Tuesday, October 4, 2011

America's Kefaya Moment

I just published this op ed in Bikya Masr about the Occupy Wall Street movement. I argue that the analogy to the Egyptian revolution - one that has been cultivated by the protesters and supported by Egyptians - doesn't make much sense. Rather, the real analogy is to the Kefaya movement's rise in Egypt in 2004. The movement failed to achieve its immediate goals but served as a warning to the regime to reform or face real upheaval in the future. Similarly, these Occupy protests should serve as a warning to American leaders - reform now or there could be major upheaval within the decade.

This morning I decided to take a trip to the Occupy DC sit-in. After flying halfway across the world to visit protests in Tahrir Square, I thought I could manage a 10-minute bus ride downtown. I wasn't sure what to expect, but it certainly wasn't only six guys standing around looking bored.

I was told that "90 percent" of the protesters have day jobs, so I should come back at night when the numbers swell. In addition, "hundreds" of curious people have dropped by expressing their support and even donating food. They are currently trying to reach out to the local community, especially religious groups, to gain support. However, they also expressed their concern that major organizations would swoop in and co-opt their movement.

I explained to them Egyptian protesters have faced similar difficulties. One of the biggest misconceptions about the Egyptian revolution is that it spawned out of nowhere. In fact, Egypt had witnessed ten years of protests, most of them labor driven, before January 25th. Few of them reached large numbers, the notable exception being the Kefaya movement as I discuss in my op ed. It is not uncommon, even after the revolution, to see micro-protests of 10 people hit the streets to demand change.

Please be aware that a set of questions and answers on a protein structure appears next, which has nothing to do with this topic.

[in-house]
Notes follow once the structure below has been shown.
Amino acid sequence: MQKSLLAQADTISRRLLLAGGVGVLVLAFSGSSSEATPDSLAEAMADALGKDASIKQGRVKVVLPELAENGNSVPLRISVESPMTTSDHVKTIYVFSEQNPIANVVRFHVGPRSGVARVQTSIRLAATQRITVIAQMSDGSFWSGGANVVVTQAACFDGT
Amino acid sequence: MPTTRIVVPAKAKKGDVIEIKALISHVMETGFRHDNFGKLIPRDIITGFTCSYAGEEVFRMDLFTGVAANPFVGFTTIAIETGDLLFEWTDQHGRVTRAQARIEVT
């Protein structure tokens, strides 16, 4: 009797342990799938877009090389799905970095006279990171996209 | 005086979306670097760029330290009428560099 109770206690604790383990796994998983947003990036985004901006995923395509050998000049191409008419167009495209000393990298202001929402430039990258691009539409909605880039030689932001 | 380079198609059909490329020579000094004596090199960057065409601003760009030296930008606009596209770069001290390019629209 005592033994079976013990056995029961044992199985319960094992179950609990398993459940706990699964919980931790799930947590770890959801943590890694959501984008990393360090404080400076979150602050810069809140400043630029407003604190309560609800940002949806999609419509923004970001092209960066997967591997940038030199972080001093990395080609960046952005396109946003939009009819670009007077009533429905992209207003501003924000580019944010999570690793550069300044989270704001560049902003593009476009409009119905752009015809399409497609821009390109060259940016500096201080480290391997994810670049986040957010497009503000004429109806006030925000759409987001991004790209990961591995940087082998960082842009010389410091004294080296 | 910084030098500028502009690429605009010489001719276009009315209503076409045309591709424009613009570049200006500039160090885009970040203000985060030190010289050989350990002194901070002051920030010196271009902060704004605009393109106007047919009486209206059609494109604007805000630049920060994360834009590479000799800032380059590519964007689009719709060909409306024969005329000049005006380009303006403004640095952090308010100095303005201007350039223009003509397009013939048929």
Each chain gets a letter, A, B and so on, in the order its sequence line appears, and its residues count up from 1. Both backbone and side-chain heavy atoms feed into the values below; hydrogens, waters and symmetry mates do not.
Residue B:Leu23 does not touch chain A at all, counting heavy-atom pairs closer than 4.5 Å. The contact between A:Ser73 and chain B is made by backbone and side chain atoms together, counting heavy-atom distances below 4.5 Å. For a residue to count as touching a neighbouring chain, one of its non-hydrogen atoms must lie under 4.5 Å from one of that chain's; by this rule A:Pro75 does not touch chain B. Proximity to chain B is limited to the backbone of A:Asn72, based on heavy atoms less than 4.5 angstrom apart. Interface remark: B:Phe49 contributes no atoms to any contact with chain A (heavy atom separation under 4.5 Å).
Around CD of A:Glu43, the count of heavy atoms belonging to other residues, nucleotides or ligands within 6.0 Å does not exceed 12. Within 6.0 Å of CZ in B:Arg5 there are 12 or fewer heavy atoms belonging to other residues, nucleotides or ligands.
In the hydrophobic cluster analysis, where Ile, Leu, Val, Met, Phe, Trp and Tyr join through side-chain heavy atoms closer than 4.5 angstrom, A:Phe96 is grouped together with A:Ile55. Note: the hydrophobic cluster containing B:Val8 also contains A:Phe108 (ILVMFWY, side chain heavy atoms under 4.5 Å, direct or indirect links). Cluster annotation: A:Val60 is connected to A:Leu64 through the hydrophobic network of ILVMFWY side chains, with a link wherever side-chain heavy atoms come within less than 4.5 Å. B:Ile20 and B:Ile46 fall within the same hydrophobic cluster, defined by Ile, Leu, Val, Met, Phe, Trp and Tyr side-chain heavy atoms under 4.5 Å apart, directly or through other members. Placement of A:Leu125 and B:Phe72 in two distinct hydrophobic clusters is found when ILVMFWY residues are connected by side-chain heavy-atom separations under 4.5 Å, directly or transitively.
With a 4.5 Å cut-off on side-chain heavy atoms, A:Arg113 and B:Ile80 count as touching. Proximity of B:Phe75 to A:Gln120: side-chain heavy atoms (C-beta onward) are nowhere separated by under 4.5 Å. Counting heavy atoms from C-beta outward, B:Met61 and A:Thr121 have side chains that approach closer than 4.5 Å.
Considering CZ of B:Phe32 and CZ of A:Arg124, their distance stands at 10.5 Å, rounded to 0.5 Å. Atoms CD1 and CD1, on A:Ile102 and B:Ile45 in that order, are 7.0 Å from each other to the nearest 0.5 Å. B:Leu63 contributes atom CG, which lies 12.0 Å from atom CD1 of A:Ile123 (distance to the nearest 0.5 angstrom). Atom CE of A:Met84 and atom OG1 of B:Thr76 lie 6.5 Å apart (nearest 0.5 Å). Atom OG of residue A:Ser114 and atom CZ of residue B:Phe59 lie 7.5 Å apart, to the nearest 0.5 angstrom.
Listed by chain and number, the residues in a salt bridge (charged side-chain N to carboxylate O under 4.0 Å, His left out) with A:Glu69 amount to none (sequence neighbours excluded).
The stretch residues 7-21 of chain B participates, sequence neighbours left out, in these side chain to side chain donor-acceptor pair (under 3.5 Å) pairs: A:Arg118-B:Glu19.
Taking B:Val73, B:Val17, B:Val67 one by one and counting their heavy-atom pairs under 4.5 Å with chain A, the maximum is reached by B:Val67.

The guys (and they were all guys) at Occupy DC told me they were optimistic their numbers would begin to increase as awareness grew. They explained they have deliberately avoided formulating demands because "we have to first identify the problem before we talk solutions." I'm not sure that complaining about grievances will swell their ranks though. The Egyptian revolution succeeded due to the simplicity its demands: "The people want the fall of the regime." If the Occupy movement wants bigger numbers, they'll need to find a similarly unifying slogan.

But even if the movement fails - and I do think it'll peter out - it constitutes one more example of Americans saying "Kefaya!" or "Enough!" If our economy and politics don't improve, this won't be the last time Americans descend into the streets to shout kefaya!.

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